Yes, it happens every year. A few lucky hunters stumble out on opening day without any preparation, find a stump to sit on or a tree to lean back against and wind up shooting a trophy whitetail. But with today's wary bucks and heavy hunting pressure, a careless approach like this rarely leads to such a fairy-tale ending.
The fact is the "luckiest" hunters are usually the ones who spend the most time in the woods and fields scouting for sign, learning deer movement patterns and becoming intimately familiar with the quarry's habitat. You can learn what travel lanes most deer are using and which ones more secretive, elusive older bucks are taking. You can find funnels that constrict their travel. You can pinpoint where they feed, sleep and breed. All of this will eventually reveal patterns of movement that will allow you to pinpoint prime stand locations and the best approach routes to use entering those stands so you don't spook the quarry before the hunt even starts.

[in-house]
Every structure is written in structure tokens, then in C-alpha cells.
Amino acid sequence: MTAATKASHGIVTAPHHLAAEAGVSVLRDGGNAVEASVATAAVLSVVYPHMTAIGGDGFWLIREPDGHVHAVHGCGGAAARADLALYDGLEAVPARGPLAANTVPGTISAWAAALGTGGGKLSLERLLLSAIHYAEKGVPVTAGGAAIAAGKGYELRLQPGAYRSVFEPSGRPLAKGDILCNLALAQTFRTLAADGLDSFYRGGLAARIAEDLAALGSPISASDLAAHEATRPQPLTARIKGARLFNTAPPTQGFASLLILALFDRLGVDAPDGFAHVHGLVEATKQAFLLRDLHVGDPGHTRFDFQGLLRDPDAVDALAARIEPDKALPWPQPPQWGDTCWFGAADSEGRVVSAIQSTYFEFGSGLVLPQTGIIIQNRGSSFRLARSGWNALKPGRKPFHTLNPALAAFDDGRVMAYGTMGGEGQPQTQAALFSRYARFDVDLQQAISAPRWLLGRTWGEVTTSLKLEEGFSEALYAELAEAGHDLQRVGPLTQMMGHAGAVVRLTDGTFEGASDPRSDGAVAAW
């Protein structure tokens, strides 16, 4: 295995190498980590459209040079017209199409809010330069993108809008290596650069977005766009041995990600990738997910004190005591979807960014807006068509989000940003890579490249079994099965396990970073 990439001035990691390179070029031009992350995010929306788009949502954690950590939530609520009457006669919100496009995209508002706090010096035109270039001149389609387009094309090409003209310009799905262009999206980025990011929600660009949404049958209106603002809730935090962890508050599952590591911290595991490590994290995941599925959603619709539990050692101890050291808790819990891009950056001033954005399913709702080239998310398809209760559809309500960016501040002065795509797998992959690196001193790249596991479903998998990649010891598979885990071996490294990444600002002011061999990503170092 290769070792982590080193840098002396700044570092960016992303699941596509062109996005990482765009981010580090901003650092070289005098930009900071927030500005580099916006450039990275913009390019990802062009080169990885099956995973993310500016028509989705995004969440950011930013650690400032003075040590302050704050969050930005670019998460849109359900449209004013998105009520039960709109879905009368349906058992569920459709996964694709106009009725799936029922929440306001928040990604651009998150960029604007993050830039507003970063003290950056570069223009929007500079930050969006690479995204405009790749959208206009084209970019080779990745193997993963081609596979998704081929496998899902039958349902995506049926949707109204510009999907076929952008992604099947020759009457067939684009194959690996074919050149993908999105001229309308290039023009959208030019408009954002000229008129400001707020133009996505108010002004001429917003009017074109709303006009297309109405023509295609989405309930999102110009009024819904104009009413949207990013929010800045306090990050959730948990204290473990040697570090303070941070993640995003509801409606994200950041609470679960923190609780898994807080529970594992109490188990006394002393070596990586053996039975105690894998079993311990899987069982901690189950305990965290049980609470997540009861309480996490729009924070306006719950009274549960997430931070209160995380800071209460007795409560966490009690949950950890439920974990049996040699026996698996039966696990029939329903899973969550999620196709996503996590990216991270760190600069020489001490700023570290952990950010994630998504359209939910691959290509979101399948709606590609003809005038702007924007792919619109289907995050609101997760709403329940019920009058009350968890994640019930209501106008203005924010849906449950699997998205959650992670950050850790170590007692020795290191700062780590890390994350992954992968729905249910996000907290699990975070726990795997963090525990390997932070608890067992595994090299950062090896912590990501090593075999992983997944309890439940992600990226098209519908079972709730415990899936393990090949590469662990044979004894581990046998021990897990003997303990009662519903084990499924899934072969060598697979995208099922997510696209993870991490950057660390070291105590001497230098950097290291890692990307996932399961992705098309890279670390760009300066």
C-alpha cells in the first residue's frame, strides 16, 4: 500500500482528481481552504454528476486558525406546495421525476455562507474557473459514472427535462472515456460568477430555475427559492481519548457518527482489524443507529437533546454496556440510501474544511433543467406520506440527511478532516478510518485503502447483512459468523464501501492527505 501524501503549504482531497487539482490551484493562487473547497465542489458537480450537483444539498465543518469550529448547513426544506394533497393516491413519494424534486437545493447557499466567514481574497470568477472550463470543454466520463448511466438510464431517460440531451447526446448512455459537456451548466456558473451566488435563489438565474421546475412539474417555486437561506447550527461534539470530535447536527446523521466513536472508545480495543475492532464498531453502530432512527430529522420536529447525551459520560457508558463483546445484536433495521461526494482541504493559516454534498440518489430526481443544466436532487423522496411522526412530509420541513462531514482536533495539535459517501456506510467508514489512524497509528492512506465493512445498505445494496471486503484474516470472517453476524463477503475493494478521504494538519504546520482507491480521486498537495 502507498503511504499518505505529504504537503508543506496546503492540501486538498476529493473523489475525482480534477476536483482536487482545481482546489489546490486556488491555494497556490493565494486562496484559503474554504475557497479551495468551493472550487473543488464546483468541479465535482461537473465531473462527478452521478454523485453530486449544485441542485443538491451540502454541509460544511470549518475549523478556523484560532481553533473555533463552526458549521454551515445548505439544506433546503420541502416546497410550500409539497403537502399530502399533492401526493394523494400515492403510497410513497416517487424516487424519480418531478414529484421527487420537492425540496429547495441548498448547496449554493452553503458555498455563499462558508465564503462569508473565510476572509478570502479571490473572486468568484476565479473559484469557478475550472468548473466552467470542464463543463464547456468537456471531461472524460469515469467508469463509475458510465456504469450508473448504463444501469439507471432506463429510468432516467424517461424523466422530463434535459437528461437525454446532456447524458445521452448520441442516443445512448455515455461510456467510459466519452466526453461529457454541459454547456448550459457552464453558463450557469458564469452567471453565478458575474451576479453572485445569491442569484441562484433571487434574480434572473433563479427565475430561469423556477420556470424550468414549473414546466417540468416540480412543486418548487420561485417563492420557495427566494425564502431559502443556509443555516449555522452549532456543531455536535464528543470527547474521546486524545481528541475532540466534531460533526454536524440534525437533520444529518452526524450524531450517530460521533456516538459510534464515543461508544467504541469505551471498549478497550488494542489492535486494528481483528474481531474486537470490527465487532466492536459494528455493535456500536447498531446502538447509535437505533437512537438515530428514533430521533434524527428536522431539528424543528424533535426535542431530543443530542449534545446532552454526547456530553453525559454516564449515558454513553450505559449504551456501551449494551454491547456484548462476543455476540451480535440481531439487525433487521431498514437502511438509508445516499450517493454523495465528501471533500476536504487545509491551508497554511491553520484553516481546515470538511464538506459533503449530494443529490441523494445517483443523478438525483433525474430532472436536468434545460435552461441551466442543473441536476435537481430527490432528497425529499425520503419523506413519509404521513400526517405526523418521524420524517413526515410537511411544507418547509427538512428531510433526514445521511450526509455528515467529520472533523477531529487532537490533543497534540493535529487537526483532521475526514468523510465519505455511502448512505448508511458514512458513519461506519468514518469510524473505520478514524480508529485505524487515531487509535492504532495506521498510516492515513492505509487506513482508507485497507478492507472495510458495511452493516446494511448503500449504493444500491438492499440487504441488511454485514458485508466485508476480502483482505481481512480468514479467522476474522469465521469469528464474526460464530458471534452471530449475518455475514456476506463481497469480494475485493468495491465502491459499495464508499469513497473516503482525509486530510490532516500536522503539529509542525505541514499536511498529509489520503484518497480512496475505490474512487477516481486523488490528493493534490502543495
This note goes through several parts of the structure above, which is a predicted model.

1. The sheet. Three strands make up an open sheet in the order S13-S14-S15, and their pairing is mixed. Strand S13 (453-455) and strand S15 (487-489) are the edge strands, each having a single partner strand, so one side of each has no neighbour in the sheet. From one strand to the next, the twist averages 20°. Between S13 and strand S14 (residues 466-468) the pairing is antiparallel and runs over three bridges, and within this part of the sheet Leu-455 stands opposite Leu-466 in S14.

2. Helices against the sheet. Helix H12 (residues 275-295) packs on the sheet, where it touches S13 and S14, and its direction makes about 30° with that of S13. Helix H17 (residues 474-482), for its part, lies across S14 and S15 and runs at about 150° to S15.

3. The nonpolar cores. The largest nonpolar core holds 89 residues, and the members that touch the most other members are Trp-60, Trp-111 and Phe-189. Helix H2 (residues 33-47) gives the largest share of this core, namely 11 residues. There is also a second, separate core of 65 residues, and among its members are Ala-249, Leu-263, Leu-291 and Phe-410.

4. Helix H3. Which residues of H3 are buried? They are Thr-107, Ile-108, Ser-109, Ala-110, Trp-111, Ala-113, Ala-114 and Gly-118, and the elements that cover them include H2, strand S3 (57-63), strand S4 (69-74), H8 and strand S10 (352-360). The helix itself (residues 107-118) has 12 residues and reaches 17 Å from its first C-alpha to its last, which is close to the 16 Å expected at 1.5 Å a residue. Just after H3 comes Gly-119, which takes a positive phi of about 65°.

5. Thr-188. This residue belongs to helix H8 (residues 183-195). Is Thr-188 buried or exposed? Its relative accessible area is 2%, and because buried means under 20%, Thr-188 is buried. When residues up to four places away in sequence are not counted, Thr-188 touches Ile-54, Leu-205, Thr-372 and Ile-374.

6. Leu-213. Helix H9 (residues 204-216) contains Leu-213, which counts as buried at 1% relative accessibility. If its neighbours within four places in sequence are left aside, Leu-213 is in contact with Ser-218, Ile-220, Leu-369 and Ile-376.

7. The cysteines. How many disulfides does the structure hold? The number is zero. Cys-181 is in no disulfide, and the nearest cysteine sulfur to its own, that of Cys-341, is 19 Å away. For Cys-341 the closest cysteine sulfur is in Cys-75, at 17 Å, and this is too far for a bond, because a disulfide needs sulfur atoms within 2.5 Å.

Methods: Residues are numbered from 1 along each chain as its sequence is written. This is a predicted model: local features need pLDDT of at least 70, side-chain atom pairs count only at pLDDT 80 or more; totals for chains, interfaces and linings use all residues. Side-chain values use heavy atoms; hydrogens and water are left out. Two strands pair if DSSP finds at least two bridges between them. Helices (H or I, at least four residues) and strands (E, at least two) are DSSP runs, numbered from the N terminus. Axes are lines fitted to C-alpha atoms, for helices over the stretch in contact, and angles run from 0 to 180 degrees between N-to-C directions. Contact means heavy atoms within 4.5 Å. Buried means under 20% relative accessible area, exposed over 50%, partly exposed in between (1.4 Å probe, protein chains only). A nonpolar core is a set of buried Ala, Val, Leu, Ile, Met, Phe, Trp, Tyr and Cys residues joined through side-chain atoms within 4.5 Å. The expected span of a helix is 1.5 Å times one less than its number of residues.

You'll learn what areas are thick and offer secondary foods and which are sparse, open and unlikely to hold a wary old buck. You'll pinpoint dense conifer stands that might attract them in cold weather and water sources they'll use when it's hot and they need to quench their thirst. And you'll learn how topography features channel their movements.
Scouting has another important function, though. It brings your mind and senses back into tune with nature's slow, relaxed pace. Our senses are revived and recharged and our perception of subtle movements and faint sounds comes back as we get away from the over-stimulated environment most of us live in and re-enter the world of nature.
As you begin your scouting, remember that it's basically at two-part process. The first step is to learn the lay of the land and search for sign through a combination of footwork and studying topo maps, aerial photographs and GPS units. The second part is analyzing what you've uncovered and using it to pattern the animals' movements and choose the best ambush locations for a stand.
This is the prime time to find deer bedding areas, travel lanes, feed areas and important topography features that influence where you should place your stands.